Yankees could scoop veteran utility man for next to nothing

MLB: Detroit Tigers at Oakland Athletics, yankees
Kelley L Cox-USA TODAY Sports

With Oswald Peraza expected to miss the next 6–8 weeks with a shoulder injury and DJ LeMahieu’s availability for opening day in question, it is safe to say the Yankees could use another infielder to support a unit that lacks depth.

For now, it seems as if the Yankees will allow Oswaldo Cabrera to fill the utility role. However, adding a veteran may be in their best interest, and Tony Kemp, who the Cincinnati Reds recently released, could make sense.

Yankees Could Consider Adding Tony Kemp For Cheap

Kemp is a 32-year-old utility man capable of playing both infield and outfield positions. Last year, he spent 456 innings in the outfield and has over 2,000 innings worth of experience at second base. Last season, Kemp played 124 games with the Oakland Athletics, hitting .209/.303/.304. This spring, camp has been solid over eight games with Cincinnati before his release, hitting .333/.391/.619, including five RBIs and a 164 wRC+.

While he lacks versatility in the infield, stashing him in case of emergency may not be a bad move. He has the qualities to be a decent offensive player and at least offer some value with a bit of athleticism, stealing 15 bags last year. He also has a career 13.3% strikeout rate, showcasing decent plate discipline if the Yankees value that, given his lack of power.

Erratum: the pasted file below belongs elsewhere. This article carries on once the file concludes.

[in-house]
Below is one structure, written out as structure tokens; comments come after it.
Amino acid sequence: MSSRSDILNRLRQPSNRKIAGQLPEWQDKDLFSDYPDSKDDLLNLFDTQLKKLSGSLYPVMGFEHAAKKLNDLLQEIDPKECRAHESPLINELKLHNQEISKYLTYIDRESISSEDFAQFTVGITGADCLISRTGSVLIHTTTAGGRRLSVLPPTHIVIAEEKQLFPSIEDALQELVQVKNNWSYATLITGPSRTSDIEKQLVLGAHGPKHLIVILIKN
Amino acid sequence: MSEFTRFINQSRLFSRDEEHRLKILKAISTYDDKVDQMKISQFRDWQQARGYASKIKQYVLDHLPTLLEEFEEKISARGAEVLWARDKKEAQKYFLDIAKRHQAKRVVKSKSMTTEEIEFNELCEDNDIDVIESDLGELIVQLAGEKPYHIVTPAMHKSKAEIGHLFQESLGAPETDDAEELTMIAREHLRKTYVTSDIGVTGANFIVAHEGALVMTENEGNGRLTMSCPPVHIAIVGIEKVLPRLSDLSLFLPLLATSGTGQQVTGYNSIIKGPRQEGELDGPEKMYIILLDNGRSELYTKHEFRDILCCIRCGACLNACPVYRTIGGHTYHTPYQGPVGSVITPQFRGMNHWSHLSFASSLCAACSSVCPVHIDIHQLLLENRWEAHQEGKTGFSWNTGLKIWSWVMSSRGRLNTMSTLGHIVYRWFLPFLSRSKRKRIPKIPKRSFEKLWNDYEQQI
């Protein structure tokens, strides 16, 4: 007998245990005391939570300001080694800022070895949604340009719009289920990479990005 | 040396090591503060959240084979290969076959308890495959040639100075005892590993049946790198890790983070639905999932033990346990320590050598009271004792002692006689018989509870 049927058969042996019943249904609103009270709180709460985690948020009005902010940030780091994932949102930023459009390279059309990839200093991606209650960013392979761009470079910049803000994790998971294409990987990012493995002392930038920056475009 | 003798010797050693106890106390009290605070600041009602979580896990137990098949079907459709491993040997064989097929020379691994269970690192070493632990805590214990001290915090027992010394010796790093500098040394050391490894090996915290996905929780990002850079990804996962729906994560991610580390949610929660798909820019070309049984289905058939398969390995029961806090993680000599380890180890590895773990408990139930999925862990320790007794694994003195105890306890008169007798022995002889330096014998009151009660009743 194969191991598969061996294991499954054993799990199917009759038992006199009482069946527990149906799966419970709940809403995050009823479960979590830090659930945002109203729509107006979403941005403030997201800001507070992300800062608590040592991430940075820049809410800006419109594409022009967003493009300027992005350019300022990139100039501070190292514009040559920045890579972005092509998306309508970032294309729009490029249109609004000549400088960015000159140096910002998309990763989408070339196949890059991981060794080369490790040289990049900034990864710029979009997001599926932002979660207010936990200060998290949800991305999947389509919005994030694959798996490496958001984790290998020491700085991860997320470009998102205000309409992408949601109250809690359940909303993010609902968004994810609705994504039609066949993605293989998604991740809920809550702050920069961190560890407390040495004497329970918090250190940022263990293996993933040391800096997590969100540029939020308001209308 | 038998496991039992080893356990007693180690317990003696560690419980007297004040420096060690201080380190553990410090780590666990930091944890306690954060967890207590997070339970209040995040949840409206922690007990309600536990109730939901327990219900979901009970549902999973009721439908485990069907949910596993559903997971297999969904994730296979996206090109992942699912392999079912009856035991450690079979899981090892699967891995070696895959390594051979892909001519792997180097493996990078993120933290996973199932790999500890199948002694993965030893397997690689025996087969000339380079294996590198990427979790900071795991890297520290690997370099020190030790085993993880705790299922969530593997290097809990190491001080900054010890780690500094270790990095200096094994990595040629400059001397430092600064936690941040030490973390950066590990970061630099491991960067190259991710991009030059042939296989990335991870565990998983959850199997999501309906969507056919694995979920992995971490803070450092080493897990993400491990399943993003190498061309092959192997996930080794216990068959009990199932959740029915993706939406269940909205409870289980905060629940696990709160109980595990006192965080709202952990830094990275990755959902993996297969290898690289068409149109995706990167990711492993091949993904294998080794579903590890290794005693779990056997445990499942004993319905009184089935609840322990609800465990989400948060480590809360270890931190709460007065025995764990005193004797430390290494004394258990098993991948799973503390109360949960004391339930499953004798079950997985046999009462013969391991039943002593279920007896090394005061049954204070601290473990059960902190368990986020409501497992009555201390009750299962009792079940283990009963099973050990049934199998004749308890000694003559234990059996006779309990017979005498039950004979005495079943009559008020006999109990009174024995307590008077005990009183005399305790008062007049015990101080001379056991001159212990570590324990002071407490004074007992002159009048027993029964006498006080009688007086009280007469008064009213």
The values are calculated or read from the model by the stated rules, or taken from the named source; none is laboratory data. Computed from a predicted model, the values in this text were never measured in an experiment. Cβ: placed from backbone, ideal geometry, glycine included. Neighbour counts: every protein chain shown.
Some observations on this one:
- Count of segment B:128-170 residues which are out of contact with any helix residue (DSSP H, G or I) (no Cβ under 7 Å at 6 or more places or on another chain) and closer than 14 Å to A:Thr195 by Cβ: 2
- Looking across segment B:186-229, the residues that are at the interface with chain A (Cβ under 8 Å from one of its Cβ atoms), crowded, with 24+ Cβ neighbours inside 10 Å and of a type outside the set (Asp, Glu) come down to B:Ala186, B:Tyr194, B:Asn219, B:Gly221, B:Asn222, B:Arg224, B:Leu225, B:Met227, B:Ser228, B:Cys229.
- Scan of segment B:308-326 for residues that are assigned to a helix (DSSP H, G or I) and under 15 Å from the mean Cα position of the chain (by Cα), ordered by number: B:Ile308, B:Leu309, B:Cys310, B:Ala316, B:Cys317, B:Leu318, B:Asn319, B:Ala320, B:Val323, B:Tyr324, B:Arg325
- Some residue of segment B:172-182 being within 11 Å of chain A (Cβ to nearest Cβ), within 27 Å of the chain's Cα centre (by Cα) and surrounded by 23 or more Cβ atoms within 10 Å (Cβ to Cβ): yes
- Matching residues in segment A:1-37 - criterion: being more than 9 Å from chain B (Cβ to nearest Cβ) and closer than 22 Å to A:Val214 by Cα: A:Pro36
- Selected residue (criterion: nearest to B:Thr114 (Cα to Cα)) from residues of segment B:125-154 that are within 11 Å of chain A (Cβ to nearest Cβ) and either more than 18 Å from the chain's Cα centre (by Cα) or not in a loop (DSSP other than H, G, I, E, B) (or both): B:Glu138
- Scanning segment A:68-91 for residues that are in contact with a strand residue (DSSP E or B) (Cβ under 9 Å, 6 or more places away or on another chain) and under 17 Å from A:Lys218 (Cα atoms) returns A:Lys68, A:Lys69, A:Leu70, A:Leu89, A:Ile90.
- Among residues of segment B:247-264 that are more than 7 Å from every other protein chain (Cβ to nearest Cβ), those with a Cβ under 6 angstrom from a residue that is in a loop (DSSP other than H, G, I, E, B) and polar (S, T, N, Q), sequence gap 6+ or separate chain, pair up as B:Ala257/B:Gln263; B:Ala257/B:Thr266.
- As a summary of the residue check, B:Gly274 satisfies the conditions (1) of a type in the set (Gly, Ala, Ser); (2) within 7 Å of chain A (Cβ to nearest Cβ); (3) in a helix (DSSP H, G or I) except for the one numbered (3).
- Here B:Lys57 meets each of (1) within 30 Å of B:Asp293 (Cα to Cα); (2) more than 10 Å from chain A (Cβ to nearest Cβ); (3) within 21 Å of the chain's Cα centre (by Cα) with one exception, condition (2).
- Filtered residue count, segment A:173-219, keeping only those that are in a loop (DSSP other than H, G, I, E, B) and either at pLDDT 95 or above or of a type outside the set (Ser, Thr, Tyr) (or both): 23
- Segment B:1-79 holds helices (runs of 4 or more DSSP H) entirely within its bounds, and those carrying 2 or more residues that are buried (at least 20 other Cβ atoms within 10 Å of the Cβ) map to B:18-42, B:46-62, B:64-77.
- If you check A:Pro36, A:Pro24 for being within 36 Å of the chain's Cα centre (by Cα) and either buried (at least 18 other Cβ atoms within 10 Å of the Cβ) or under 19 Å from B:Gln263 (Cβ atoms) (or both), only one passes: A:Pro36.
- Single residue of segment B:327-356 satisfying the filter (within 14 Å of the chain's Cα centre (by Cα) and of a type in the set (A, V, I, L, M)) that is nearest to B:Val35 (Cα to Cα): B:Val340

This would be an extremely cheap option for the Yankees, and since Kemp spent the off-season working alongside Spencer Jones at Vanderbilt, there is certainly a tangible connection between him and one of the team’s top prospects.

Unfortunately, that doesn’t hold much value when it comes to his quality supporting the Yankees, and the team may be looking for a player with a bit more diversity in their infield alignments.

Another option could be Donovan Solano, a 36-year-old infielder who has been an above-average hitter for the last five consecutive seasons. He has experience playing every infield position, which is likely more in line with what the Bombers need at this point in time.

Ultimately, it comes down to price tag, and general manager Brian Cashman is clearly resisting spending any more money since it would have a 110% tax alongside any new acquisitions based on their $300 million luxury tax salary.

For now, the Yankees seem committed to giving Cabrera the first crack at everyday reps to help supplement injuries.

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